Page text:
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Article of the Week: Assessing prostate cancer brachytherapy using patient-reported outcomes

Every week the Editor-in-Chief selects the Article of the Week from the current issue of BJUI. The abstract is reproduced below and you can click on the button to read the full article, which is freely available to all readers for at least 30 days from the time of this post.

In addition to the article itself, there is an accompanying editorial written by a prominent member of the urological community. This blog is intended to provoke comment and discussion and we invite you to use the comment tools at the bottom of each post to join the conversation.

Finally, the third post under the Article of the Week heading on the homepage will consist of additional material or media. This week we feature a video from Dr. James Talcott discussing his paper. 

If you only have time to read one article this week, it should be this one.

Using Patient-Reported Outcomes to Assess and Improve Prostate Cancer Brachytherapy

James A. Talcott 1, 2, 10, 11, Judith Manola 3, Ronald C. Chen 4, Jack A. Clark 5, 6, Irving Kaplan 7, 8, Anthony V. D’Amico 8, 11 and Anthony L. Zietman 9, 11

1 Massachusetts General Hospital Cancer Center, Boston, MA, 2 Continuum Cancer Centers of New York, New York, NY, 3 Dana-Farber Cancer Institute, Boston, MA, 4 Department of Radiation Oncology, University of North Carolina at Chapel Hill, Chapel Hill, NC, 5 Center for Health Quality, Outcomes, and Economic Research, Edith Nourse Rogers Memorial Veterans Hospital, Bedford, MA, 6 Boston University School of Public Health, 7 Beth Israel-Deaconess Medical Center, 8 Brigham and Women’s Hospital, 9 Department of Radiation Oncology, Massachusetts General Hospital, Boston, MA, 10 Albert Einstein School of Medicine, New York, NY, and 11 Harvard Medical School, Boston, MA, USA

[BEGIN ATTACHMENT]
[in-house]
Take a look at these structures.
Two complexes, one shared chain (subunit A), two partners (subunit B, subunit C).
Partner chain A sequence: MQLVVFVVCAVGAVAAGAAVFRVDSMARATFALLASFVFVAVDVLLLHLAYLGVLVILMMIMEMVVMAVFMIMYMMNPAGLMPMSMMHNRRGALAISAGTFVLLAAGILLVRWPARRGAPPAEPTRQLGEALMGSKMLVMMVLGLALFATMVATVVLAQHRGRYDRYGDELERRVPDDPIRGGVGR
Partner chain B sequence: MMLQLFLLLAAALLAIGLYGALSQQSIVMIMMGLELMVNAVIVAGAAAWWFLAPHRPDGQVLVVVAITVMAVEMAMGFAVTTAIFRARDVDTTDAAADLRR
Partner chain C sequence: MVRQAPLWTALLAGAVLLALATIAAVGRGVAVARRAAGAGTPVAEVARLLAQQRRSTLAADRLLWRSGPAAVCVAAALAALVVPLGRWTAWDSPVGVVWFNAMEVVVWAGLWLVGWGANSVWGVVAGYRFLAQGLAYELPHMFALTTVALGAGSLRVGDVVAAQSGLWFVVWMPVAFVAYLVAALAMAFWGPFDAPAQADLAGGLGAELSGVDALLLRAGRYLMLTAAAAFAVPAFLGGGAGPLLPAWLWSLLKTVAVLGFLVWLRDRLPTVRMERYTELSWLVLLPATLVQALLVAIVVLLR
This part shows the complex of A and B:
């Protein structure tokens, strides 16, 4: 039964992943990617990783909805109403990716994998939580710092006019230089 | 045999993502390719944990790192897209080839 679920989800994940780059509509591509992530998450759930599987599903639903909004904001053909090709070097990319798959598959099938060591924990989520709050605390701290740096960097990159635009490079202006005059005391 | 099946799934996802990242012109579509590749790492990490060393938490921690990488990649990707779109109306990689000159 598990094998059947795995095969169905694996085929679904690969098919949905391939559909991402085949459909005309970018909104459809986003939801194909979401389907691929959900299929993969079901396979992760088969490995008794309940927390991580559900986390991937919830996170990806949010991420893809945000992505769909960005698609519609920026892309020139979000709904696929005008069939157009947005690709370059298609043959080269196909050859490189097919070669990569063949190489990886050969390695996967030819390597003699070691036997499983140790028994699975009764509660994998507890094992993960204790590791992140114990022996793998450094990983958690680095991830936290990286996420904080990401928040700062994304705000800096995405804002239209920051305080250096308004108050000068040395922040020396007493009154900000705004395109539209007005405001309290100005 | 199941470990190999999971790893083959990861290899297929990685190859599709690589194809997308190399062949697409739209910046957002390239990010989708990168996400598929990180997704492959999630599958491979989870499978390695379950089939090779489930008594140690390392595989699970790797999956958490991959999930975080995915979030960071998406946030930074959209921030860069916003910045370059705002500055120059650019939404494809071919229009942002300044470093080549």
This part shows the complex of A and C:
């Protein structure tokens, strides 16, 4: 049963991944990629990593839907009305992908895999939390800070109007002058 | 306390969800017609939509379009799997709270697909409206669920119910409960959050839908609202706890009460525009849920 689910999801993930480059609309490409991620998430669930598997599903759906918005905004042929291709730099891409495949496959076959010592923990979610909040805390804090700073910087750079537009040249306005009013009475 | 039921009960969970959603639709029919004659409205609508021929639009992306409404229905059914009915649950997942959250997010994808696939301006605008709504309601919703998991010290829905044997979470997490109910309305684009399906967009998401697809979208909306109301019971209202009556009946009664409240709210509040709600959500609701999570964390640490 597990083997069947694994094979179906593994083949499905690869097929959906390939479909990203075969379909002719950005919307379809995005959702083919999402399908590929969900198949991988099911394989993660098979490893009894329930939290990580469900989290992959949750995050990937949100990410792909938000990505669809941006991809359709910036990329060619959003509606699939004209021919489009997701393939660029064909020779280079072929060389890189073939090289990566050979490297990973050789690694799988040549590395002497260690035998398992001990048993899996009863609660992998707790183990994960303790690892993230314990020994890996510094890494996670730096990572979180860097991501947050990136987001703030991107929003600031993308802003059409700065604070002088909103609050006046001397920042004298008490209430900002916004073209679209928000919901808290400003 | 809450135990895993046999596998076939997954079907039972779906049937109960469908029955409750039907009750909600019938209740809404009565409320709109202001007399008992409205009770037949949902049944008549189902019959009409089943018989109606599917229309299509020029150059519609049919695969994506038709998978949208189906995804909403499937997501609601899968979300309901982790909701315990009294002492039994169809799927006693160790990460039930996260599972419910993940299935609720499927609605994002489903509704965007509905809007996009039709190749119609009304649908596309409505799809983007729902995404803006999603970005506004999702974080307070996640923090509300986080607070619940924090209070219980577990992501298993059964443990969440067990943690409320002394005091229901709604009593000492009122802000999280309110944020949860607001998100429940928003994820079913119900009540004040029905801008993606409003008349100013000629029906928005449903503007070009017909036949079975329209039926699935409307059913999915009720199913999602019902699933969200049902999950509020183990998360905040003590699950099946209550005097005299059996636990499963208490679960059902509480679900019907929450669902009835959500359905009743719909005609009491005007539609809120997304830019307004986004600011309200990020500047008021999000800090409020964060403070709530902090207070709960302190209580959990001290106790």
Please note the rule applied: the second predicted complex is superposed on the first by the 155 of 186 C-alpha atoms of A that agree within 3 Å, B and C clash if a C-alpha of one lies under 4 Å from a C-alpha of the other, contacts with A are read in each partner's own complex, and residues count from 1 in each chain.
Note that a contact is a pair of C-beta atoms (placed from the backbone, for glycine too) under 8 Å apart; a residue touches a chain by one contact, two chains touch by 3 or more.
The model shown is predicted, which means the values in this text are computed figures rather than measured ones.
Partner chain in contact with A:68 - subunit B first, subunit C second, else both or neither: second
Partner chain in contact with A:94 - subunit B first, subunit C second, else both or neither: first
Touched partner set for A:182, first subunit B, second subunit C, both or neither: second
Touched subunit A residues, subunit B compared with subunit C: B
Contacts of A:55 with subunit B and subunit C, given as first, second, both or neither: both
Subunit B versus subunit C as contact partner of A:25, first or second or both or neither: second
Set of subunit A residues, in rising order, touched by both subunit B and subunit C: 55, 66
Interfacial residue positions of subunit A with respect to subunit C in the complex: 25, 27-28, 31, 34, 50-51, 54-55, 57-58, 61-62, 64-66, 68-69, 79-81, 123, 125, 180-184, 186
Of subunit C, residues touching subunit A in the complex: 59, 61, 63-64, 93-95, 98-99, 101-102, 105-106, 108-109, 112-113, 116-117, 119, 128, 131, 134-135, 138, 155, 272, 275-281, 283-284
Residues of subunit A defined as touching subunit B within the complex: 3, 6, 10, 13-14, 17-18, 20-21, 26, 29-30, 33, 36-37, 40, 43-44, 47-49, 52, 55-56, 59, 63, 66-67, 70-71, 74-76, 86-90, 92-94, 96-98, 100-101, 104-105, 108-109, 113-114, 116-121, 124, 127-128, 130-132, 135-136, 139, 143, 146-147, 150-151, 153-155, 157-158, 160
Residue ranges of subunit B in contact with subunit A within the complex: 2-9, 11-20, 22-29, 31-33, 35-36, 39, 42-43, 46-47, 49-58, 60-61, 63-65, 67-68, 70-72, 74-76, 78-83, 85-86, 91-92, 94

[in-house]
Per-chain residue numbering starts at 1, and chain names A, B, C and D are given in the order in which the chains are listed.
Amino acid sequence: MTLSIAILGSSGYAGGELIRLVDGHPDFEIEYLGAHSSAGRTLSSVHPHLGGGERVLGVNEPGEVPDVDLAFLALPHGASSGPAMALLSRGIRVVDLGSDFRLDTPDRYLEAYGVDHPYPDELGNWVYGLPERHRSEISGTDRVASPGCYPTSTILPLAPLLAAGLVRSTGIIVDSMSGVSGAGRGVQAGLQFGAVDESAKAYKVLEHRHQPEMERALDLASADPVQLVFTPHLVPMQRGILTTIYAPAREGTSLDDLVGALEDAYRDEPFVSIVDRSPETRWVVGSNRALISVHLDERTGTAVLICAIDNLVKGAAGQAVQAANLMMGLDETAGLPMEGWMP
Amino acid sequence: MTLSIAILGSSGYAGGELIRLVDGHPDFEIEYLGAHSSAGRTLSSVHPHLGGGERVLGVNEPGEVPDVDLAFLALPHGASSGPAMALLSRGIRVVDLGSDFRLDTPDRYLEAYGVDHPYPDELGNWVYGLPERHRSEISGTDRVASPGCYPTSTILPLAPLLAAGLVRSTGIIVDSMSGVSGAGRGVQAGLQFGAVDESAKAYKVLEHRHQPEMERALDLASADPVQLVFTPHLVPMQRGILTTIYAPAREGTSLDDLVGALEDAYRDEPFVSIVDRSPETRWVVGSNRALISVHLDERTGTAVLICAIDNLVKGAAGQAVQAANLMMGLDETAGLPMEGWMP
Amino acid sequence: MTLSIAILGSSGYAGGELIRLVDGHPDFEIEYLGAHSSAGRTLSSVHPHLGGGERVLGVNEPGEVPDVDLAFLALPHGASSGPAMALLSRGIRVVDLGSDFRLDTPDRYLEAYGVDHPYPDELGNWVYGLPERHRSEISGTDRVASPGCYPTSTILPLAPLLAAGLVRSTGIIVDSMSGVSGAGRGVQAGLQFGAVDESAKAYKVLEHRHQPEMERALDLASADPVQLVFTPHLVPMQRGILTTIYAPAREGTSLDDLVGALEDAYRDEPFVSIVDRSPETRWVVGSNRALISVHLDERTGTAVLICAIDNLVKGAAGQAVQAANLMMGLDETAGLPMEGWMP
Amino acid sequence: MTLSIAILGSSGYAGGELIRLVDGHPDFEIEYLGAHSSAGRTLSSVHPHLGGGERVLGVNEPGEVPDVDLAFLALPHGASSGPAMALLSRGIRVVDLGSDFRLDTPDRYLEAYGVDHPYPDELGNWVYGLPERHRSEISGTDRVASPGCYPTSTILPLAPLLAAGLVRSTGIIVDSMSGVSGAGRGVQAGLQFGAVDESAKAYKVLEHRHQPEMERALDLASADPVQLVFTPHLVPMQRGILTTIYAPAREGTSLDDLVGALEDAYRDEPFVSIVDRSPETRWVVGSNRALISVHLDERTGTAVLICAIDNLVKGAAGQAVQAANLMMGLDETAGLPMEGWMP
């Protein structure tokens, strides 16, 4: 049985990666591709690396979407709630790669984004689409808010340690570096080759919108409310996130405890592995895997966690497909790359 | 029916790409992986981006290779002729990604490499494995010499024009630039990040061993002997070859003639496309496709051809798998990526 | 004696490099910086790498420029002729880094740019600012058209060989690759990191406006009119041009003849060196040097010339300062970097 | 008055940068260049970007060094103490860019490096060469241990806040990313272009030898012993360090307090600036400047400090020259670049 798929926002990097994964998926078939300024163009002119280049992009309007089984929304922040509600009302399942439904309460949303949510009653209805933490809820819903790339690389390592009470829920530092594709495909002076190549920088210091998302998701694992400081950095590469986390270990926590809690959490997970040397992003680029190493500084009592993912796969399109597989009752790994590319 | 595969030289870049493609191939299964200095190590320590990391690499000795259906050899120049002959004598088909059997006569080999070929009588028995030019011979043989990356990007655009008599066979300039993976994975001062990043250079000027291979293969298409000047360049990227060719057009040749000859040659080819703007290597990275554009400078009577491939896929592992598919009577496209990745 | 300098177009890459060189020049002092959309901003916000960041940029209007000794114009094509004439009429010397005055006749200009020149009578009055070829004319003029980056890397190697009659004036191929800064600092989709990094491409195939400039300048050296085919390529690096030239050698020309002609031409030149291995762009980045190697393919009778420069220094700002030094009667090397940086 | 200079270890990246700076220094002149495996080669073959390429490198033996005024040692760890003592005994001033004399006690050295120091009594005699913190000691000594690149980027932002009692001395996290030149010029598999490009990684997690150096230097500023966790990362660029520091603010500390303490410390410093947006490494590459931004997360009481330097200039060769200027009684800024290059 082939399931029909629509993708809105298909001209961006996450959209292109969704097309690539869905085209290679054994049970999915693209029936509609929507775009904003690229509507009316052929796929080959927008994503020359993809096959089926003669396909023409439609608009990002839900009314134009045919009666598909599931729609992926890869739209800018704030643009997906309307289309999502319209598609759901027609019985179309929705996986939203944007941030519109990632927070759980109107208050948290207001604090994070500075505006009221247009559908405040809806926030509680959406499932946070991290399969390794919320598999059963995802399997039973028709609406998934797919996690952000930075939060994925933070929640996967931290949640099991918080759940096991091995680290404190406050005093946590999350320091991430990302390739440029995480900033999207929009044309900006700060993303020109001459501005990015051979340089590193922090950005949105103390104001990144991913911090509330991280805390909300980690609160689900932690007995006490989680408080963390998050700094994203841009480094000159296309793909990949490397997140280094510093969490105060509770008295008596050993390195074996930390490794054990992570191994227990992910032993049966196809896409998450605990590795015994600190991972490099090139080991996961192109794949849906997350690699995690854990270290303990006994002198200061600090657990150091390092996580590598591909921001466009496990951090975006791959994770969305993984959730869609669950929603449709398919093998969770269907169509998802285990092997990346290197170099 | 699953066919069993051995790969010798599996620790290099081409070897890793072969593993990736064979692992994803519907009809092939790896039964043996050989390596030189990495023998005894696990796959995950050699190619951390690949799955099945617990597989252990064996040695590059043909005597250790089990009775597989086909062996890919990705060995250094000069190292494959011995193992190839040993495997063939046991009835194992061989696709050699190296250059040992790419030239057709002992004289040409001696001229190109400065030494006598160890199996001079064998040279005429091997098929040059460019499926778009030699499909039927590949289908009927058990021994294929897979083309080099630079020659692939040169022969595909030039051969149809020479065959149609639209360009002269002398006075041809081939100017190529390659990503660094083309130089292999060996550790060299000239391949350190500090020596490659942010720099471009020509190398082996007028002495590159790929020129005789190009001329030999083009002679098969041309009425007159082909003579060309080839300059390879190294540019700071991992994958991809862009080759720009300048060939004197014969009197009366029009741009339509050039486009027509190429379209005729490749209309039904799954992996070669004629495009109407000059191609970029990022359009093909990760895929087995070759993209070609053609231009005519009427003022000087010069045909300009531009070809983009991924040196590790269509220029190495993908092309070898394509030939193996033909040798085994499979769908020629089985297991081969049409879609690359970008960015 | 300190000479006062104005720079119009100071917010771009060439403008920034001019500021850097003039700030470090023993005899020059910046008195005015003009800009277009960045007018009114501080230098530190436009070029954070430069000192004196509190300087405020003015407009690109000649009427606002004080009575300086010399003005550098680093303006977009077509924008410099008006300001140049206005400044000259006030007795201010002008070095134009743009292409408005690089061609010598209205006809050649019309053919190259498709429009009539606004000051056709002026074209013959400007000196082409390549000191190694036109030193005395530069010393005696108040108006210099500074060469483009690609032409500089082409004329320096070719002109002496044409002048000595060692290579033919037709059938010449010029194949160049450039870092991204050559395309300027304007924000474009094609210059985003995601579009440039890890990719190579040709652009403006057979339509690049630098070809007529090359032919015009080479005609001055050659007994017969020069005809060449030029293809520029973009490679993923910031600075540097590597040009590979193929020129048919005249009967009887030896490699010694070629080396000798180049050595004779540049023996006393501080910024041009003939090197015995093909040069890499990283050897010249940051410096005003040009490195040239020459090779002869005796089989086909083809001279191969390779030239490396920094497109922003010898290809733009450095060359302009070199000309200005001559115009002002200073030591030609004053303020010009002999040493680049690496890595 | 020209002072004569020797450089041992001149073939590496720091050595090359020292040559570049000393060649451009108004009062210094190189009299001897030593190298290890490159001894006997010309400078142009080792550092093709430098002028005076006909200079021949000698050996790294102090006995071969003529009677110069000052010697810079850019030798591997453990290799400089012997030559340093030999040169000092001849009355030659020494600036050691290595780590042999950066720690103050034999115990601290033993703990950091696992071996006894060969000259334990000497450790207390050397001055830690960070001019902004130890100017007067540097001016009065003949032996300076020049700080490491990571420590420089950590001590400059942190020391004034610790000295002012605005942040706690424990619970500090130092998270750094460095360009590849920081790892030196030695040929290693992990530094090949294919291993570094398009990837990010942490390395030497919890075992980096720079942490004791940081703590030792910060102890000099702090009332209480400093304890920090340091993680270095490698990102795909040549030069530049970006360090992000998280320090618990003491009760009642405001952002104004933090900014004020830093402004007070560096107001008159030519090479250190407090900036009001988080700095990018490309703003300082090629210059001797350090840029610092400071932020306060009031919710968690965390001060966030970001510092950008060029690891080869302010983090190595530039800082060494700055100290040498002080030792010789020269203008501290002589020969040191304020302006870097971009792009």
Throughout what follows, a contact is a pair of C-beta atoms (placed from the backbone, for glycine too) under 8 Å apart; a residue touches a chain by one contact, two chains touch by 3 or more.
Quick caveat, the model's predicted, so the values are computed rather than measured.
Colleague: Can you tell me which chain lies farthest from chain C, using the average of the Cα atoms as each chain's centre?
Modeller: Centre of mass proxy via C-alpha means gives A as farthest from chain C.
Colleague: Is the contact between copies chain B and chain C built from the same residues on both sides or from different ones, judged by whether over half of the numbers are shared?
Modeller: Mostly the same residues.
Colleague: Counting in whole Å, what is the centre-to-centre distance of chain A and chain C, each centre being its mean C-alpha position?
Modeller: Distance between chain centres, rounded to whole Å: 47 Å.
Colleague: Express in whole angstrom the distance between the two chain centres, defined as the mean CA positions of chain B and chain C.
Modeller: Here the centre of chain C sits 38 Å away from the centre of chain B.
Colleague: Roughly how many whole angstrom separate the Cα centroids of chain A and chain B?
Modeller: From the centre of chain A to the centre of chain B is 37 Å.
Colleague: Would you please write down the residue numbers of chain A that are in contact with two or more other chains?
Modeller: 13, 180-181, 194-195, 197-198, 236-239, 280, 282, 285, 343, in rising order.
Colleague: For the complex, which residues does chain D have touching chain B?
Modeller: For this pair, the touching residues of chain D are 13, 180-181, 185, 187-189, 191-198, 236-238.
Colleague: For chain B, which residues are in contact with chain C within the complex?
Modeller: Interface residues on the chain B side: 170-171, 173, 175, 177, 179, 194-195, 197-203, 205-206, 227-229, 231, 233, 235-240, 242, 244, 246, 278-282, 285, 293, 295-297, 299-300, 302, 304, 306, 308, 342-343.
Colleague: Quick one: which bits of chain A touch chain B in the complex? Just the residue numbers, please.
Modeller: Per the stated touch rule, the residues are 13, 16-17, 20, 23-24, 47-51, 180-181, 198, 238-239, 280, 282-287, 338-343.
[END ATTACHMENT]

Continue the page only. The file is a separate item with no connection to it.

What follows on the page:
• To describe a successful quality improvement process that arose from unexpected differences in control groups’ short-term patient-reported outcomes (PROs) within a comparative effectiveness study of a prostate brachytherapy technique intended to reduce urinary morbidity.
  • Patients planning prostate brachytherapy at one of three institutions were enrolled in a prospective cohort study.
  • Patients were surveyed using a validated instrument to assess treatment-related toxicity before treatment and at pre-specified intervals.
  • Unexpectedly, urinary PROs were worse in one of two standard brachytherapy technique control populations (US-BT1 and US-BT2). Therefore, we collaboratively reviewed treatment procedures, identified a discrepancy in technique, made a corrective modification, and evaluated the change.
  • The patient groups were demographically and clinically similar.
  • In the first preliminary analysis, US-BT2 patients reported significantly more short-term post-treatment urinary symptoms than US-BTpatients.
  • The studies treating physicians reviewed the US-BT1 and US-BT2 treatment protocols and found that they differed in whether they used an indwelling urinary catheter.
  • After adopting the US-BT1 approach, short-term urinary morbidity in US-BT2 patients decreased significantly. Brachytherapy procedures were otherwise unchanged.
  • Many procedures in cancer treatments are not evaluated, resulting in practice variation and suboptimal outcomes. Patients, the primary medical consumers, provide little direct input in evaluations of their care.
  • We used PROs, a sensitive and valid measure of treatment-related toxicity, for quality assessment and quality improvement (QA/QI) of prostate brachytherapy. This serendipitous patient-centred QA/QI process may be a useful model for empirically evaluating complex cancer treatment procedures and for screening for substandard care.
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